Medical sterilization is most often the final part of the medical device contract manufacturing process and there are various sterilization methods that can be used. The main ones are gamma (irradiation) sterilization and ethylene oxide (EtO) sterilization.
Gamma sterilization and EtO sterilization are both suitable for achieving a sterility assurance level of 10-6, which is the minimum requirement for the sterilization of medical devices. This means that for one million sterilized items, there will not be more than one microorganism. Most single-use medical device packaging is suitable for these sterilization methods.
To help make sure that you choose the right sterilization method, and to ensure the safety, quality and performance of your products, we have put together this short guide to gamma sterilization and EtO sterilization, including information on the processes and where and in what circumstances they are used.
What is ethylene oxide sterilization and how does it work?
EtO sterilization is a popular means of medical device sterilization in the UK and throughout Europe. Highly effective and efficient, it is the method used by leading medical device contract manufacturers. The official standard is EN ISO 11135:2014/A1:2019.
This type of sterilization uses a gas diffusion process. Sterilization is achieved when microbial DNA is destroyed by an ethylene oxide gas molecule. The effectiveness of the sterilization process is dependent on the degree to which the gas can penetrate products and their packaging. For example, densely packed products without much air space surrounding them are harder to sterilize than those that are more sparsely packaged in a way that allows more air to flow around them. Hence, it is recommended that devices are shipped in breathable packaging to allow the ethylene oxide gas to break through the sterile barrier and to react with all the necessary surfaces.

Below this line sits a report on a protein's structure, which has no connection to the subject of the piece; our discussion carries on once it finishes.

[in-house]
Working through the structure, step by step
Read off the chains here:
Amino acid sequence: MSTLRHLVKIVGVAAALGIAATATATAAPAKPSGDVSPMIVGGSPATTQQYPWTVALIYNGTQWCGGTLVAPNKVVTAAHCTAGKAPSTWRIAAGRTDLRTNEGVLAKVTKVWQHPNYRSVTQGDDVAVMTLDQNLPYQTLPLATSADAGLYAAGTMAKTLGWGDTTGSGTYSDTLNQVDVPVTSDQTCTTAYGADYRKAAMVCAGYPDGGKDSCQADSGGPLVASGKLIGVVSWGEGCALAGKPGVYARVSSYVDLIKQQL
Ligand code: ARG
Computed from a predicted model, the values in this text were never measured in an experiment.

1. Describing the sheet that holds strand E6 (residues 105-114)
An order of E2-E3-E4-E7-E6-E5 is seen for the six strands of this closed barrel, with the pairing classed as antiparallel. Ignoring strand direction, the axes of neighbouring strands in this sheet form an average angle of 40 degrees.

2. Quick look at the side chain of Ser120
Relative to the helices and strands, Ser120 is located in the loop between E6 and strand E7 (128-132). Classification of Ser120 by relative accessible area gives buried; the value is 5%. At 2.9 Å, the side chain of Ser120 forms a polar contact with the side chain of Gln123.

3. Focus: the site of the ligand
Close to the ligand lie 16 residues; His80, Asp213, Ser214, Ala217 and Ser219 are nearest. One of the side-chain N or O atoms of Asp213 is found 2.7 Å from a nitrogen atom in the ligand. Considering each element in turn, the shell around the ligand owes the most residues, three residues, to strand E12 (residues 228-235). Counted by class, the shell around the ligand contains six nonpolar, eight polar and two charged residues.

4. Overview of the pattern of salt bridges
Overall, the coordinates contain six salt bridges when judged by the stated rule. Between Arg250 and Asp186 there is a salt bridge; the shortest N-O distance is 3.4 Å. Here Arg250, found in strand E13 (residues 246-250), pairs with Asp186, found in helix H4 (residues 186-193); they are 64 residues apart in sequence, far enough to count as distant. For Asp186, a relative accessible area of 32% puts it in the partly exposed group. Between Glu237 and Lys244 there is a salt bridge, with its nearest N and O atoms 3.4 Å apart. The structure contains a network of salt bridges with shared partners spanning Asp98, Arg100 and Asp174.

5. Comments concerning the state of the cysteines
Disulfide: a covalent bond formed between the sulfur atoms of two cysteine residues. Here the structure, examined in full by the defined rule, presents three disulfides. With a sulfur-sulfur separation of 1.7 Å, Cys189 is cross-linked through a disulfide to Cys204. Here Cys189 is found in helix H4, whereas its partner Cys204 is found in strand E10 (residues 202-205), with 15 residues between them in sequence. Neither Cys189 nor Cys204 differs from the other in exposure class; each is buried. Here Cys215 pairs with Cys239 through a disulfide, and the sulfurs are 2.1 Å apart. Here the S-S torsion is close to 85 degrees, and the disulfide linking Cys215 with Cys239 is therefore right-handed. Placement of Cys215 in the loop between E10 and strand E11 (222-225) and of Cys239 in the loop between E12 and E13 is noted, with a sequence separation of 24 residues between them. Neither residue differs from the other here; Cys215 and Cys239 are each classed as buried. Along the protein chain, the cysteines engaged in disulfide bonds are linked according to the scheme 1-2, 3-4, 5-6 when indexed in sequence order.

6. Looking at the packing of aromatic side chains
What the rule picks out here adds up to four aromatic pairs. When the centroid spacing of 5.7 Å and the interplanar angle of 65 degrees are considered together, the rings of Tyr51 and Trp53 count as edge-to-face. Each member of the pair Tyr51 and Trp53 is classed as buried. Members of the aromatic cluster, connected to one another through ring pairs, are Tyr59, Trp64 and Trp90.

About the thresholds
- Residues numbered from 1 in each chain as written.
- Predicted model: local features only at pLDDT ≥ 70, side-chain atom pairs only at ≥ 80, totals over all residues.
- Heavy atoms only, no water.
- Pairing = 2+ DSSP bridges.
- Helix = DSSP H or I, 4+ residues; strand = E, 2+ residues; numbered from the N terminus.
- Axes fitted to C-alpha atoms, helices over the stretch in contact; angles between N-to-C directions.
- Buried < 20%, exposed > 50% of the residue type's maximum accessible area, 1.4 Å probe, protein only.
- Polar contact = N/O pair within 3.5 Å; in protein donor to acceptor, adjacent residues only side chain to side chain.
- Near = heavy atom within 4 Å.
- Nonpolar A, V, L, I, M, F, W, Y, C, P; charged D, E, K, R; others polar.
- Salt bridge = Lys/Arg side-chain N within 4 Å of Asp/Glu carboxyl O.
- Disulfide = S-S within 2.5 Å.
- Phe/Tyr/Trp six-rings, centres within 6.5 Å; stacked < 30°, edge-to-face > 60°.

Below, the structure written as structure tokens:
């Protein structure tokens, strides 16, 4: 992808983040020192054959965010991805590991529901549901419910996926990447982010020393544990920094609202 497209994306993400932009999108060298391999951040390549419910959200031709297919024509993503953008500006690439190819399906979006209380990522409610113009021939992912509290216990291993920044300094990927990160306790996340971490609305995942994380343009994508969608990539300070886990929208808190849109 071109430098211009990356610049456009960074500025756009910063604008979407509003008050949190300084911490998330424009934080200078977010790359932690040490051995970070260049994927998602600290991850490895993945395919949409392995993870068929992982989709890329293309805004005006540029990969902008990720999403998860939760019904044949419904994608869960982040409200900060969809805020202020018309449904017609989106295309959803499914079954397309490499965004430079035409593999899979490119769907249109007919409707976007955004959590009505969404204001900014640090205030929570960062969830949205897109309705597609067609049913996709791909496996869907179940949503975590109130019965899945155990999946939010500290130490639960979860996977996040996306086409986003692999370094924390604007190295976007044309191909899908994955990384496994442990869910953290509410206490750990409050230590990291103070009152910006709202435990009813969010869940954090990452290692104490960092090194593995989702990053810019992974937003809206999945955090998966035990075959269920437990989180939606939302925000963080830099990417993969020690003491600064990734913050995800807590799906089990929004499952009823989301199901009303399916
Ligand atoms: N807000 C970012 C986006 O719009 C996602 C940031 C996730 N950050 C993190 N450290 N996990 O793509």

When the sterilization process is completed, the degassing process must be thorough and remove as much of the gas as possible. The amount of gas remaining on a device after sterilization is strictly controlled. This remainder is often referred to as EtO residual. EN ISO 10993-7:2008 provides guidance on residual limits for each type of device and with regard to patient exposure. In short, the longer your device is intended to be used for, the lower the residual on the device needs to be.
While EtO sterilization is mostly performed at specialist facilities, it can be carried out in-house using small sterilization cabinets or chambers. However, this equipment is not suitable for mid-to-high-level volume sterilization.
What are the pros and cons of the ethylene oxide sterilization process?
A wide range of medical device materials can be sterilized using the EtO sterilization process, including plastic and other heat-sensitive materials, and products that are sensitive to radiation. This is a main reason why EtO sterilization is often preferred
Another major advantage of EtO sterilization is that mixed products can be included in a single sterilization cycle or validation. This generates key process and cost-efficiency benefits. However, EtO sterilization cannot be used on sealed air tight medical devices, or devices that are very densely packaged
What is gamma sterilization and how does it work?